On the computing potential of intracellular vesicles

Mayne, R. and Adamatzky, A. (2015) On the computing potential of intracellular vesicles. PLoS ONE, 10 (10). e0139617. ISSN 1932-6203 Available from: http://eprints.uwe.ac.uk/27706

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Publisher's URL: http://dx.doi.org/10.1371/journal.pone.0139617

Abstract/Description

Collision-based computing (CBC) is a form of unconventional computing in which travelling localisations represent data and conditional routing of signals determines the output state; collisions between localisations represent logical operations. We investigated patterns of Ca2+-containing vesicle distribution within a live organism, slime mould Physarum polycephalum, with confocal microscopy and observed them colliding regularly. Vesicles travel down cytoskeletal ‘circuitry’ and their collisions may result in reflection, fusion or annihilation. We demonstrate through experimental observations that naturally occurring vesicle dynamics may be characterised as a computationally-universal set of Boolean logical operations and present a ‘vesicle modification’ of the archetypal CBC ‘billiard ball model’ of computation. We proceed to discuss the viability of intracellular vesicles as an unconventional computing substrate in which we delineate practical considerations for reliable vesicle ‘programming’ in both in vivo and in vitro vesicle computing architectures and present optimised designs for both single logical gates and combinatorial logic circuits based on cytoskeletal network conformations. The results presented here demonstrate the first characterisation of intracelluar phenomena as collision-based computing and hence the viability of biological substrates for computing.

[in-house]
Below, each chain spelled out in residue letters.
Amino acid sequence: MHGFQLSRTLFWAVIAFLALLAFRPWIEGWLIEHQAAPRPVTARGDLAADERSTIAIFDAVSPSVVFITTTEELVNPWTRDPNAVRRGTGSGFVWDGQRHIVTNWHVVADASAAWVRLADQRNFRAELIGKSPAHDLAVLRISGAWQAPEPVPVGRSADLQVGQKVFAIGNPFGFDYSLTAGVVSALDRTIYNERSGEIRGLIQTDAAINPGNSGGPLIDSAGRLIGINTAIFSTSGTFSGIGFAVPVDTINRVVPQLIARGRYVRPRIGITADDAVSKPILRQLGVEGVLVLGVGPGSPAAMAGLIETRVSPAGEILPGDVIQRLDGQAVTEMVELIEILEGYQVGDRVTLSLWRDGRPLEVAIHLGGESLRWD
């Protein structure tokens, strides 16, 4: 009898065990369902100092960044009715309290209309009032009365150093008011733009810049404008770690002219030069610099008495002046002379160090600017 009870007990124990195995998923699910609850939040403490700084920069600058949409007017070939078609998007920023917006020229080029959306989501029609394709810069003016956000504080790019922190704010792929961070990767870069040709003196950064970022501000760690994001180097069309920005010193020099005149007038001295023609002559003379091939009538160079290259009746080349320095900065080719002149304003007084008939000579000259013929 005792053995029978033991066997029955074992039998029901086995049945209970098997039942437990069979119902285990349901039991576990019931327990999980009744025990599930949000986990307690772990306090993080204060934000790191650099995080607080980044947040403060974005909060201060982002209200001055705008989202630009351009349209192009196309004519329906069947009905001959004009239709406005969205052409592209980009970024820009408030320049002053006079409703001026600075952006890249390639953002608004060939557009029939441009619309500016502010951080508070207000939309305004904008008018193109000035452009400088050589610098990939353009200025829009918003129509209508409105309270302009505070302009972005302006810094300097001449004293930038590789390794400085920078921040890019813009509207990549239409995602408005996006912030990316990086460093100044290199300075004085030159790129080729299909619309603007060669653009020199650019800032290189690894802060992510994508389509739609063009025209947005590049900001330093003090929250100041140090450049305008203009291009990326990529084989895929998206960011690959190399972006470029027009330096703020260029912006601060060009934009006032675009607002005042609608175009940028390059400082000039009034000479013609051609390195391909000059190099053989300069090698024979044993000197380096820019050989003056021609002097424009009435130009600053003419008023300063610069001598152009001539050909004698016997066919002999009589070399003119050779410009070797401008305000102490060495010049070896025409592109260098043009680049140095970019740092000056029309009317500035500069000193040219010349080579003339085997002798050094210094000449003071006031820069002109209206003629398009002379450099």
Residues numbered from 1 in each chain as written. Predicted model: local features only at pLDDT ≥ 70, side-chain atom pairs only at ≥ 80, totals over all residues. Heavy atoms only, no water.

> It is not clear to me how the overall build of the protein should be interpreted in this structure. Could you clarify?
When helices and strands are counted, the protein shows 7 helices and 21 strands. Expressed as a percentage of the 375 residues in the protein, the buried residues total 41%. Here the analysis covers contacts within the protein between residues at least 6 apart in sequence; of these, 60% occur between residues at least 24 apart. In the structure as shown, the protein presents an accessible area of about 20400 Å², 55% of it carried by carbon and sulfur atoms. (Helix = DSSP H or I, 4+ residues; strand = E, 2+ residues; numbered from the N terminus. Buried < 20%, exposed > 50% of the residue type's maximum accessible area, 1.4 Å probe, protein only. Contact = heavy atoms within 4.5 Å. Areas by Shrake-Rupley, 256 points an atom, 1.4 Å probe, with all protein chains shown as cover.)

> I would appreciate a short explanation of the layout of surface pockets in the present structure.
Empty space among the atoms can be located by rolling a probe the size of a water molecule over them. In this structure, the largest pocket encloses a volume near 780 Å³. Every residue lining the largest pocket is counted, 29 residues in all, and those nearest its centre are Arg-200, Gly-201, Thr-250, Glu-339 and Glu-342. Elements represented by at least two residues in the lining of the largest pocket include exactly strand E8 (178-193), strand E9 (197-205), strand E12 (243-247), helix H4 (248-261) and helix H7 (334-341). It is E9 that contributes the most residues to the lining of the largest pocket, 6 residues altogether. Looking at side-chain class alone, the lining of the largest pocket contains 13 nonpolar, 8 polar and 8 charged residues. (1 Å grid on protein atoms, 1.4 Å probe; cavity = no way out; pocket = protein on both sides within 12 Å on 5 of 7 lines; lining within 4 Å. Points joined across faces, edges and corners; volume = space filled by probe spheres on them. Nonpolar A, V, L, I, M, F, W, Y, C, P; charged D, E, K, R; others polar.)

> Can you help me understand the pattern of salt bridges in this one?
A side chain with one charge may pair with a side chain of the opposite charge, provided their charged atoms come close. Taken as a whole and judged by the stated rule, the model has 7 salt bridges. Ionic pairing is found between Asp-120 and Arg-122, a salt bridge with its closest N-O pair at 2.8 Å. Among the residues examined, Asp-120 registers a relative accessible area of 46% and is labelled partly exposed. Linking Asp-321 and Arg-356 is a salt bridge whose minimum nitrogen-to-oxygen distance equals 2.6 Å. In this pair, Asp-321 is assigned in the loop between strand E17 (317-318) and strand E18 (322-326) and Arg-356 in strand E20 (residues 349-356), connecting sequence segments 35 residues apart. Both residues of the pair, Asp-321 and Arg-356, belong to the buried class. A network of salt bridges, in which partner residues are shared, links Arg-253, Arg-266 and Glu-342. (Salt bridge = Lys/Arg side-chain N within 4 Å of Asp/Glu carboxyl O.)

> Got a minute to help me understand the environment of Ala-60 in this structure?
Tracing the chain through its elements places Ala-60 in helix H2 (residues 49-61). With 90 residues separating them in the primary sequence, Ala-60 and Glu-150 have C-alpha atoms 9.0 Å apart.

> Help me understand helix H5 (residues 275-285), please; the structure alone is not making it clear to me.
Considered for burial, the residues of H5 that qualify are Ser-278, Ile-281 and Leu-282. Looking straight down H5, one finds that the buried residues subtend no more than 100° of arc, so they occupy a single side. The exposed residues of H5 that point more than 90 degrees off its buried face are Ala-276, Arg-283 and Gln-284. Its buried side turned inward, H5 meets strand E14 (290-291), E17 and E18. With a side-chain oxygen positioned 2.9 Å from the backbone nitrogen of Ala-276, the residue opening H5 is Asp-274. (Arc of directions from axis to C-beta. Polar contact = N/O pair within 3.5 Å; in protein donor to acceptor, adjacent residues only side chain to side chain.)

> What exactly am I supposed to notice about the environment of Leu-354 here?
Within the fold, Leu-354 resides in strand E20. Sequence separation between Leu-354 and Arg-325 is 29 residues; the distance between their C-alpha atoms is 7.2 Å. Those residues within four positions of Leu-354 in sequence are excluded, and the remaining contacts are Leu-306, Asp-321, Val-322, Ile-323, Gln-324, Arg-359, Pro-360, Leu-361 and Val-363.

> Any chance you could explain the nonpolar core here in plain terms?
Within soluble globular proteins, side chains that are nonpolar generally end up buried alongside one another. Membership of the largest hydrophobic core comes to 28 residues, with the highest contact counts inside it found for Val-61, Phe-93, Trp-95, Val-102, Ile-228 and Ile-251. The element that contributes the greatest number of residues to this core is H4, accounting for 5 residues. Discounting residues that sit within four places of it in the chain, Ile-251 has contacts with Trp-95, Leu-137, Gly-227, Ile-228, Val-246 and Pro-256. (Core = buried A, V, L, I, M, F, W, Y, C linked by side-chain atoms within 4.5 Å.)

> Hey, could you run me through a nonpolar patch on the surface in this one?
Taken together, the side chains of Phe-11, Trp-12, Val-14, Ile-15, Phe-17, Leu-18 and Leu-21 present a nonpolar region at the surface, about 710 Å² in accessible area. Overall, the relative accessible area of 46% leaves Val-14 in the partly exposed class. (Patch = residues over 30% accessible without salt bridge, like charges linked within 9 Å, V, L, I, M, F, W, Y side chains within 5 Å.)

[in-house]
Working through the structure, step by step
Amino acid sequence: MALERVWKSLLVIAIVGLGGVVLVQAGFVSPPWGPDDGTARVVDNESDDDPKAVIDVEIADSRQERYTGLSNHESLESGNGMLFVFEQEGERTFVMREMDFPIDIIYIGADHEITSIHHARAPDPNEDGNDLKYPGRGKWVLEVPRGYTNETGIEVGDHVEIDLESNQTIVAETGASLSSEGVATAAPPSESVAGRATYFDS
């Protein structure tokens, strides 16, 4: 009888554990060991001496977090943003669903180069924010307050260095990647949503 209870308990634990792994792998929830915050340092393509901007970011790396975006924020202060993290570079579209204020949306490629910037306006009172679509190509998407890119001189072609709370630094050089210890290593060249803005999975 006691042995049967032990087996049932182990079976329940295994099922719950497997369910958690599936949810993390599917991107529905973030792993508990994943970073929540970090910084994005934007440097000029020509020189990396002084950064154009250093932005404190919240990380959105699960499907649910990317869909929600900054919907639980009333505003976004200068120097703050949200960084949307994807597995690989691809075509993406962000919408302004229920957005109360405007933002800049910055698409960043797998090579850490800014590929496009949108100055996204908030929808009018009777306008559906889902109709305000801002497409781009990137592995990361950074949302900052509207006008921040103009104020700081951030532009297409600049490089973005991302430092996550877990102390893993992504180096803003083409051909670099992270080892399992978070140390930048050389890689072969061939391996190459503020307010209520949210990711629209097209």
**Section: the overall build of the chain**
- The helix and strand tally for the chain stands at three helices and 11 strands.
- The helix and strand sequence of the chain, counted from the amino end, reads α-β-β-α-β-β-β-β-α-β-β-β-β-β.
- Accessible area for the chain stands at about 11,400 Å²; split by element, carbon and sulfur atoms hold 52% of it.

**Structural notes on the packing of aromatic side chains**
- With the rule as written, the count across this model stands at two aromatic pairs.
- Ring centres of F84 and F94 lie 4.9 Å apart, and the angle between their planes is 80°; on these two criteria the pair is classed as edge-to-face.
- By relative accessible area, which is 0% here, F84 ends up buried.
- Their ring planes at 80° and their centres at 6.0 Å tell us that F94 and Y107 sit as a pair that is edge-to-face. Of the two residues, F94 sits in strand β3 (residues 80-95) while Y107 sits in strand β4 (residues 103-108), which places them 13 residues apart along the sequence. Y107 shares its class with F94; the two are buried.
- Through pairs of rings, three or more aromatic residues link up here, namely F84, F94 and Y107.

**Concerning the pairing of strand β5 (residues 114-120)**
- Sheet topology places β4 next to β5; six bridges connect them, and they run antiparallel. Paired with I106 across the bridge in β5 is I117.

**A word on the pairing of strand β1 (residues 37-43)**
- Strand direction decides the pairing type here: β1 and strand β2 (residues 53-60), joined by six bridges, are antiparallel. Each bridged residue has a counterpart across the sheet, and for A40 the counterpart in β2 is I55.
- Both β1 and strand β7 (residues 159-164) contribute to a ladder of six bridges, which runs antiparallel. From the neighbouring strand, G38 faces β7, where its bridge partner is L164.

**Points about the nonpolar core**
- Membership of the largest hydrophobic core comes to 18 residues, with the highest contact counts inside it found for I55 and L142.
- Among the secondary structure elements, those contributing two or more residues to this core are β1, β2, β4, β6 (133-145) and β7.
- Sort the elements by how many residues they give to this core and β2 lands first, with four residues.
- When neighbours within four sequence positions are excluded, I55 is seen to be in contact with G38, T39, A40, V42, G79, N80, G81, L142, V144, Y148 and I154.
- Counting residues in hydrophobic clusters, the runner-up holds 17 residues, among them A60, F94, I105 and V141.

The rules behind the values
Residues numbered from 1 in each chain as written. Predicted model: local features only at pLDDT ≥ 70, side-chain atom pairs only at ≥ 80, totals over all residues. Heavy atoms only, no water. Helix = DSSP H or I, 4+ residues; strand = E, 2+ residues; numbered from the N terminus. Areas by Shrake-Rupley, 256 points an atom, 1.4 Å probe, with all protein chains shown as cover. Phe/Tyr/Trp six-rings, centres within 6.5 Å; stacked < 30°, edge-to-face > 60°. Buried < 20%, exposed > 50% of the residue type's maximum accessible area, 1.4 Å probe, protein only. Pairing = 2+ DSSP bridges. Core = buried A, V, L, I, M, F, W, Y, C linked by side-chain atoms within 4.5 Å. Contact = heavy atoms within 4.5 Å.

Item Type:Article
Uncontrolled Keywords:intracellular vesicles, collision-based computing, unconventional computing
Faculty/Department:Faculty of Environment and Technology > Department of Computer Science and Creative Technologies
ID Code:27706
Deposited By: Dr R. Mayne
Deposited On:16 Dec 2015 13:02
Last Modified:14 Dec 2016 15:31

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